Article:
|Publication number||US7103547 B2|
|Application number||US 10/136,967|
|Publication date||Sep 5, 2006|
|Filing date||May 2, 2002|
|Priority date||May 7, 2001|
|Also published as||US20020198706|
|Publication number||10136967, 136967, US 7103547 B2, US 7103547B2, US-B2-7103547, US7103547 B2, US7103547B2|
|Inventors||Yu-Hung Kao, Yifan Gong|
|Original Assignee||Texas Instruments Incorporated|
|Export Citation||BiBTeX, EndNote, RefMan|
|Patent Citations (4), Referenced by (5), Classifications (7), Legal Events (3)|
|External Links: USPTO, USPTO Assignment, Espacenet|
This application claims priority under 35 USC § 119(e)(1) of provisional application No. 60/288,799, filed May 7, 2001.
This invention relates to speech recognition and more particularly to a high accuracy continuous speech recognizer using a fixed-point processor.
Recently there has been a sharp increase in the use of wireless communication devices, such as mobile phones, in the car. Such dialing while driving situation fits the classic definition of a hands busy, eyes busy task. Speech recognition is a natural and effective solution. Not only convenience, but also safety concerns motivate the use of voice technology in this situation. Other than mobile phones, as PDA (personal digital assistance) devices become smaller, input becomes more difficult. Speech recognition is a natural way to interact with these small devices because button or touch screens are not feasible or too expensive. All those devices are battery powered. Continuous speech recognition is a resource intensive algorithm. Commercial dictation software requires more than 10 M bytes to install on a disk and 32M bytes RAM to run the applications. A typical embedded system can not afford this much RAM because of its high cost and power consumption. It also lacks disk to store the large amount of static data (acoustic models). A 32-bit, floating point CPU with lots of memory is too expensive and drains too much power. Most of these embedded fixed point processor devices use a 16-bit, fixed point CPU with only on chip memory. It is highly desirable to fit a speech recognition algorithm on such a device without performance degradation or sacrificing functionality.
A most challenging condition is to provide this for hands free digit dialing in a highway driving condition.
In accordance with one embodiment of the present invention a continuous speech recognizer with Mel-scaled cepstrum coefficients (MFCC) processing is provided using fixed-point processor with conversion and size (program, model, search space, etc.) reduction.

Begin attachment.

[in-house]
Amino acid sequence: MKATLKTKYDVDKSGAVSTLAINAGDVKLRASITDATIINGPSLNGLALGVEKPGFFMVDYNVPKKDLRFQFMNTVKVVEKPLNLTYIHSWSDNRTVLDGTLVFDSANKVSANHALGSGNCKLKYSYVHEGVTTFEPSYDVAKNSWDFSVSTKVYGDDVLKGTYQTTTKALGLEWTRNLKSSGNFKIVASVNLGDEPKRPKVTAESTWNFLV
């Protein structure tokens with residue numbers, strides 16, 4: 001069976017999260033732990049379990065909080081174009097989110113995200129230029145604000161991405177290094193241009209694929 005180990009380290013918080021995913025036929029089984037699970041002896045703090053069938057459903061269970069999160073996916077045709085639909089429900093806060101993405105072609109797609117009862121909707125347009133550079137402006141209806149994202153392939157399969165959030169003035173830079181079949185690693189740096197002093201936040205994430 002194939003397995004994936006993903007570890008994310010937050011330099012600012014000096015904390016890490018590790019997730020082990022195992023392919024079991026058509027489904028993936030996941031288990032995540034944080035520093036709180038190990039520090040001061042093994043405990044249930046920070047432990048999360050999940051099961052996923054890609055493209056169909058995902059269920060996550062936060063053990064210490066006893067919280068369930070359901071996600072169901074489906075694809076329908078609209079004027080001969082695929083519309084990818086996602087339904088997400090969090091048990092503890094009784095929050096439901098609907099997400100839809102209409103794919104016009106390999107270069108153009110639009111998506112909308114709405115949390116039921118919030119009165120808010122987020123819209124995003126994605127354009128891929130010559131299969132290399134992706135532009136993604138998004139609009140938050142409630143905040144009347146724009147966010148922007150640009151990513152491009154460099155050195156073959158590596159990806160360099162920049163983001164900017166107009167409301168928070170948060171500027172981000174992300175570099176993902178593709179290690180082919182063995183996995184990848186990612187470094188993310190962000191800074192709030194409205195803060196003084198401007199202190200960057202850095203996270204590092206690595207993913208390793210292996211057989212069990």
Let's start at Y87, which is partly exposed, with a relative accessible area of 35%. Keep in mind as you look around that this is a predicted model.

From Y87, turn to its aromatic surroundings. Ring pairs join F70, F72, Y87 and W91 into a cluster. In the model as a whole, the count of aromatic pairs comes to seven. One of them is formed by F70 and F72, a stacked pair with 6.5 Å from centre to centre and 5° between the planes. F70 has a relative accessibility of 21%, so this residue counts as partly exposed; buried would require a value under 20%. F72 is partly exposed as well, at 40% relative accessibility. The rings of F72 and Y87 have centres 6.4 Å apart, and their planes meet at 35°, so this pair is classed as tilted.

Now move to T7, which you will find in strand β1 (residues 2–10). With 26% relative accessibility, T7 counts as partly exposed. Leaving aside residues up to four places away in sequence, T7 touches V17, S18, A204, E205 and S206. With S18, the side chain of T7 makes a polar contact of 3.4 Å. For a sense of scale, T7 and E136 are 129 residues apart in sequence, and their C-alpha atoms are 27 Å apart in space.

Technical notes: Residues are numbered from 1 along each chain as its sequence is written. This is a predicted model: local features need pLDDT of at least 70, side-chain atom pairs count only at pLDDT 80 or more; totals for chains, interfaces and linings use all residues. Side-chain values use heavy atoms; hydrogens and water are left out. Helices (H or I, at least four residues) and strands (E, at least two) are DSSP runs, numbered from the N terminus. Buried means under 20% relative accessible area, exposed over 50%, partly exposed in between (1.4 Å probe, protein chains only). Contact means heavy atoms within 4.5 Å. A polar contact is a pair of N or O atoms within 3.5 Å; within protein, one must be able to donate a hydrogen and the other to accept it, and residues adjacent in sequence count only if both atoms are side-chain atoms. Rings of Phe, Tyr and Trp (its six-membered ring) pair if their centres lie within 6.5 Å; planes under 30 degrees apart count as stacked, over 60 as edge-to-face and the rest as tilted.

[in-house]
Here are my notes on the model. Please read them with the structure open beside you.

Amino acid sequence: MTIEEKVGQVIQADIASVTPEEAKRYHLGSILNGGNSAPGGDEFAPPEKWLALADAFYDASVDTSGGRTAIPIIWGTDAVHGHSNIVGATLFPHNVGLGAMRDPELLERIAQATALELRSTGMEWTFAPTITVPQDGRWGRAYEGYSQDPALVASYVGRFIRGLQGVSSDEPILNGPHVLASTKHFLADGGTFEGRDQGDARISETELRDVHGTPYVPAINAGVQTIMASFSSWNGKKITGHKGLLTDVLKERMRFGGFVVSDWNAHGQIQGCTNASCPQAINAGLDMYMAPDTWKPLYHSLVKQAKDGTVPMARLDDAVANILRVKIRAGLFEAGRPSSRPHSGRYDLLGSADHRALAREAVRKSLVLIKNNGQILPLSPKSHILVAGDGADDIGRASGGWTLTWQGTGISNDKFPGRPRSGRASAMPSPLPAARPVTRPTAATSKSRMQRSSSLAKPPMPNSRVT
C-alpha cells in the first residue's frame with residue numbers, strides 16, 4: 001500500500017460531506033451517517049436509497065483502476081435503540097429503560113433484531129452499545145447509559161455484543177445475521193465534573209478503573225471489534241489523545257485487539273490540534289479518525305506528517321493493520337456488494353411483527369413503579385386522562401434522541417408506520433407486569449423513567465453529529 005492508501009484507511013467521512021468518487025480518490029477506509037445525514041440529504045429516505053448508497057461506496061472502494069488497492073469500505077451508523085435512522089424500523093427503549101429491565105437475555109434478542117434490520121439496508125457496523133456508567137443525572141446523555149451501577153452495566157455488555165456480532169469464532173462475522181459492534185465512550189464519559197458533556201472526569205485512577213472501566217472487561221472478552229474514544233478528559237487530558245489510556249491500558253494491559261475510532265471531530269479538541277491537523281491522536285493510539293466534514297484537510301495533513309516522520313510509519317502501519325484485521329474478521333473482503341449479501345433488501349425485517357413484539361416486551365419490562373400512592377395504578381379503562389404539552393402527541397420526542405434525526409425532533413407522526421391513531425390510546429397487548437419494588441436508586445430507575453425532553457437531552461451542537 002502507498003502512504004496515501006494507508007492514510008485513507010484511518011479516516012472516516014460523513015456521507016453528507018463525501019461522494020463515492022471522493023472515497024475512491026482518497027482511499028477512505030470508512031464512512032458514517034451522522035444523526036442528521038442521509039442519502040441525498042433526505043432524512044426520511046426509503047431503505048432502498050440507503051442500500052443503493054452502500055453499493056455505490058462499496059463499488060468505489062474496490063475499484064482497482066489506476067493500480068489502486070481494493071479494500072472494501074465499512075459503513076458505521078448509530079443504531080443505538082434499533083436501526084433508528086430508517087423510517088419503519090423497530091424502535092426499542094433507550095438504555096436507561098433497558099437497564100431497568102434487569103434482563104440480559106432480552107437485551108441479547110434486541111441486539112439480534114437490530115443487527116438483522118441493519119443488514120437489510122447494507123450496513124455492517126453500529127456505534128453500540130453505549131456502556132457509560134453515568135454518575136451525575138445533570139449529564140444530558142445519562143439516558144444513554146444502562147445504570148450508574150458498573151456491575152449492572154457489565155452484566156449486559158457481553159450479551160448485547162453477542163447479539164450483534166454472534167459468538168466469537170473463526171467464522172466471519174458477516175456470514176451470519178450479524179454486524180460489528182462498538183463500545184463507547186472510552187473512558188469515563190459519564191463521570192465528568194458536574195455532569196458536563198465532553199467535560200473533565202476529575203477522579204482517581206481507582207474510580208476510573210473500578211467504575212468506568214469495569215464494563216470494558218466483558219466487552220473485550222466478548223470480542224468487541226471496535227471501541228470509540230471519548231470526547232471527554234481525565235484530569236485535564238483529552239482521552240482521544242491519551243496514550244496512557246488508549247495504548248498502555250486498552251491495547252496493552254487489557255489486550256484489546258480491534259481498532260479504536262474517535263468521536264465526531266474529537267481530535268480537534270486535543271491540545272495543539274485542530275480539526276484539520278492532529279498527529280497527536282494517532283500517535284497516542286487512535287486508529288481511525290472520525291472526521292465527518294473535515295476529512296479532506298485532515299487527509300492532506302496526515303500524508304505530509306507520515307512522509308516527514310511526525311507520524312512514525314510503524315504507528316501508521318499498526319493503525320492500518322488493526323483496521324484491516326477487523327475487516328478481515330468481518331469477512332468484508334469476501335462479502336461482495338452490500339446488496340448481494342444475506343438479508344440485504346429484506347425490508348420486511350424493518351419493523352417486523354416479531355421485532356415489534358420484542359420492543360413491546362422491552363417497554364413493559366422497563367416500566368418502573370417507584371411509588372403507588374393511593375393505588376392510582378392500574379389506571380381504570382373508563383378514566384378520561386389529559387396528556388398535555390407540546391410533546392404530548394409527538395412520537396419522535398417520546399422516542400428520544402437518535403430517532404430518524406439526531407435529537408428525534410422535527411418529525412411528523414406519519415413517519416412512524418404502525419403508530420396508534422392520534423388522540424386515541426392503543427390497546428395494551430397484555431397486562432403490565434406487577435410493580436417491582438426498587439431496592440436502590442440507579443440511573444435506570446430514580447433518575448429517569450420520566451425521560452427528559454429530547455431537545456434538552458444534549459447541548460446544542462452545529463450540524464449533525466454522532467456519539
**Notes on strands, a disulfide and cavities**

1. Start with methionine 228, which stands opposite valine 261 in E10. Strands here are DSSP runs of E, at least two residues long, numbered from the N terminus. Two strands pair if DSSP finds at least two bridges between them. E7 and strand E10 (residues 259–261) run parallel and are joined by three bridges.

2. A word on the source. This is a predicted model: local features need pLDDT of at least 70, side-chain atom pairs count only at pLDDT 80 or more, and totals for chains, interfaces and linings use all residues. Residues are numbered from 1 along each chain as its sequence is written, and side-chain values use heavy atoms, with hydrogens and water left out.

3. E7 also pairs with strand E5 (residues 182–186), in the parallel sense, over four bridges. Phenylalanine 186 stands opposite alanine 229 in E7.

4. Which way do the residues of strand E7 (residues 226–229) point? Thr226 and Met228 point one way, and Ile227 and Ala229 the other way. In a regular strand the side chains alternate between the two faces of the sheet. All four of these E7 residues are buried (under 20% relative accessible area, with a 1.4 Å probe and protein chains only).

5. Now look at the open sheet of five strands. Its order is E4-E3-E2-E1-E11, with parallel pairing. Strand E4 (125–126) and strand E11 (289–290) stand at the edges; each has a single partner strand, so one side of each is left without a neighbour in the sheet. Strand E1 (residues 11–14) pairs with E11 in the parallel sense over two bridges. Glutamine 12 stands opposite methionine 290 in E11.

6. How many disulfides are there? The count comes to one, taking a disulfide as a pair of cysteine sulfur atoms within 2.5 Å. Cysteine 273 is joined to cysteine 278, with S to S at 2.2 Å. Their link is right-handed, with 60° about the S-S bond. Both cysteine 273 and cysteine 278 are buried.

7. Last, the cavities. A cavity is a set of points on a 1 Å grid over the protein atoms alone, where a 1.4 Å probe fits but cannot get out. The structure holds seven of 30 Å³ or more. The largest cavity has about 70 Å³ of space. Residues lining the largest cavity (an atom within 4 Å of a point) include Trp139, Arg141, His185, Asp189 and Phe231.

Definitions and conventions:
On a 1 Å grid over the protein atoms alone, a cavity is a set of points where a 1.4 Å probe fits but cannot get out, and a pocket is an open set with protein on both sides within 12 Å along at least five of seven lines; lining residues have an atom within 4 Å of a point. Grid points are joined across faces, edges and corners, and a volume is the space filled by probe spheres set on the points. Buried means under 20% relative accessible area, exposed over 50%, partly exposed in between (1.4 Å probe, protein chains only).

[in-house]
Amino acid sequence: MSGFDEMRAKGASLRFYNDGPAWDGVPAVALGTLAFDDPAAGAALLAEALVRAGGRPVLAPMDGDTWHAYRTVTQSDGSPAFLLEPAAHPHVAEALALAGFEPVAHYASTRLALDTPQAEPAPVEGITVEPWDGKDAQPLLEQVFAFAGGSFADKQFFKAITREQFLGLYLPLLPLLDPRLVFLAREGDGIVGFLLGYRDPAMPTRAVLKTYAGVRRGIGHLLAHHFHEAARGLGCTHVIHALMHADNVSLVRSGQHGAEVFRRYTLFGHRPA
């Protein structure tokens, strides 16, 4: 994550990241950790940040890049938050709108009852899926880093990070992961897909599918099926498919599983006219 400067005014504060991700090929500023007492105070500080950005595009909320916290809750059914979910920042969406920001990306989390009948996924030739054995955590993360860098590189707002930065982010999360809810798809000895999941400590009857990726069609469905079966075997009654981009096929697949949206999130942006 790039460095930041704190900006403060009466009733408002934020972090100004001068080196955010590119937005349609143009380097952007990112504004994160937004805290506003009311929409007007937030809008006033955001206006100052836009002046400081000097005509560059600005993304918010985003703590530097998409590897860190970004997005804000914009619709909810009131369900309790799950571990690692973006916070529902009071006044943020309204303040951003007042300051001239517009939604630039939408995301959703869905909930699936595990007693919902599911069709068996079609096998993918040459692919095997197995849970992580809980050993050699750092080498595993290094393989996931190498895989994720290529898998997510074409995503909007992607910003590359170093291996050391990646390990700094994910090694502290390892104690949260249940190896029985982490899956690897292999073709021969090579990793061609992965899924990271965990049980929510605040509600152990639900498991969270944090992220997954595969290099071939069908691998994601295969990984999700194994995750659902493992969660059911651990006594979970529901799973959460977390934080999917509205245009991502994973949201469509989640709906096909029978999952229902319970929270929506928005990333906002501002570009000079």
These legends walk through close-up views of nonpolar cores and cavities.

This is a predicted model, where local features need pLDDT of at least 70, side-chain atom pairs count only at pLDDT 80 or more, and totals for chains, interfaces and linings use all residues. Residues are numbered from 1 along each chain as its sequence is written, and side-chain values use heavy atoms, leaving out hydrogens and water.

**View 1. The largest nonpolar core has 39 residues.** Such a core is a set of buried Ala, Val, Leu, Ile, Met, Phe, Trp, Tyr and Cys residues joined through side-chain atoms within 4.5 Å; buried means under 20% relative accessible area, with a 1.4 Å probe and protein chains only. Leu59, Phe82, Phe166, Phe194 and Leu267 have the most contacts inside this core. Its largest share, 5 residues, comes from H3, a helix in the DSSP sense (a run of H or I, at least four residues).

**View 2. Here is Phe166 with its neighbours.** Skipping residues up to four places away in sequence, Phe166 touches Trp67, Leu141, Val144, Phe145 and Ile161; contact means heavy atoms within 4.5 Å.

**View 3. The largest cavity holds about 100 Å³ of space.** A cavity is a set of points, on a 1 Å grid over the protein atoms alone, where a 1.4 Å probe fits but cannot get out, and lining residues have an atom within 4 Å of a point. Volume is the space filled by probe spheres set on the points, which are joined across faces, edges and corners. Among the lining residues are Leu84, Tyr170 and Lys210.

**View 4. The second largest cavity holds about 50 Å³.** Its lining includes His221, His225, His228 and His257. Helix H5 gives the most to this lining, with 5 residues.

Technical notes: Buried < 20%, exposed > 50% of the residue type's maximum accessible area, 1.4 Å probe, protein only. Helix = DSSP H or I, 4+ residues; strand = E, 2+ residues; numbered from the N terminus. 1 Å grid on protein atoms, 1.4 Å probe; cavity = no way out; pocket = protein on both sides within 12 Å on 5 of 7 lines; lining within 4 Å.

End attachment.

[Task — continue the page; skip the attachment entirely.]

In a floating-point processor, all numbers are normalized into a format with sign bit, exponent, and mantissa. For example, the IEEE standard for float has 1-bit sign bit, 8-bit exponent, and 23-bit mantissa. The exponent provides a large dynamic range: 2128≈1038. The mantissa provides a fixed level of precision. Because every float number is individually normalized into this format, it always maintains a 23-bit precision as long as it is within the 1038 dynamic range. This good precision covering a large dynamic range frees the algorithm designer from worrying about the scaling problems. However, it comes at the cost of more power, larger silicon, and higher cost. In a 16-bit fixed-point processor, on the other hand, the only format is a 16-bit integer, ranging from 0 to 65535 (un-signed) or −32768 to +32767 (signed). The algorithm has to carefully normalize its numerical behavior to within the dynamic range of a 16-bit integer at every stage of the computation.
In addition to the data format limitation, another consideration is that some operations can be done efficiently, others cannot. A fixed-point DSP processor usually incorporates a hardware multiplier so that addition and multiplication can be completed in one CPU cycle. However, there is no hardware for division and it takes more than 20 cycles to do it by a routine. To avoid division, we want to pre-compute the inverted data. For example, we can pre-compute and store 1/σ instead of σ for the Gaussian probability computation. Other than the explicit divisions, there are also implicit divisions hidden in other operations. For example, pointer arithmetics is used heavily in the memory management in the search algorithm. Pointer subtraction actually incurs a division. Division can be approximated by multiplication and shift. However, unlike DSP algorithms, pointer arithmetics cannot tolerate any error; such substitute is accurate only within a range of values. Algorithm design has to take this into consideration and make sure it is accurate under all possible running conditions.
Fixed-point problems can be very tedious to accommodate in algorithms, and some algorithms simply cannot be done using only 16-bit of precision. For example, audio and ADSL (Asynchronous Digital Subscriber Line) modem algorithms require very high precision FFT (Fast Fourier Transforms); they need 32-bit FFT to do the job right. Fortunately, we found that 16-bit resolution is not a problem for speech recognition algorithm. With careful scaling, one can convert the algorithm to fixed-point with no performance degradation.
In a speech recognition algorithm, MFCC computation is where most of the fixed-point issues occur. Search, although more complicated and consumes the most MIPS, simply accumulates scores; therefore does not present much numerical precision problem. Following are the major steps in MFCC computation:
In accordance with the present invention these steps illustrated in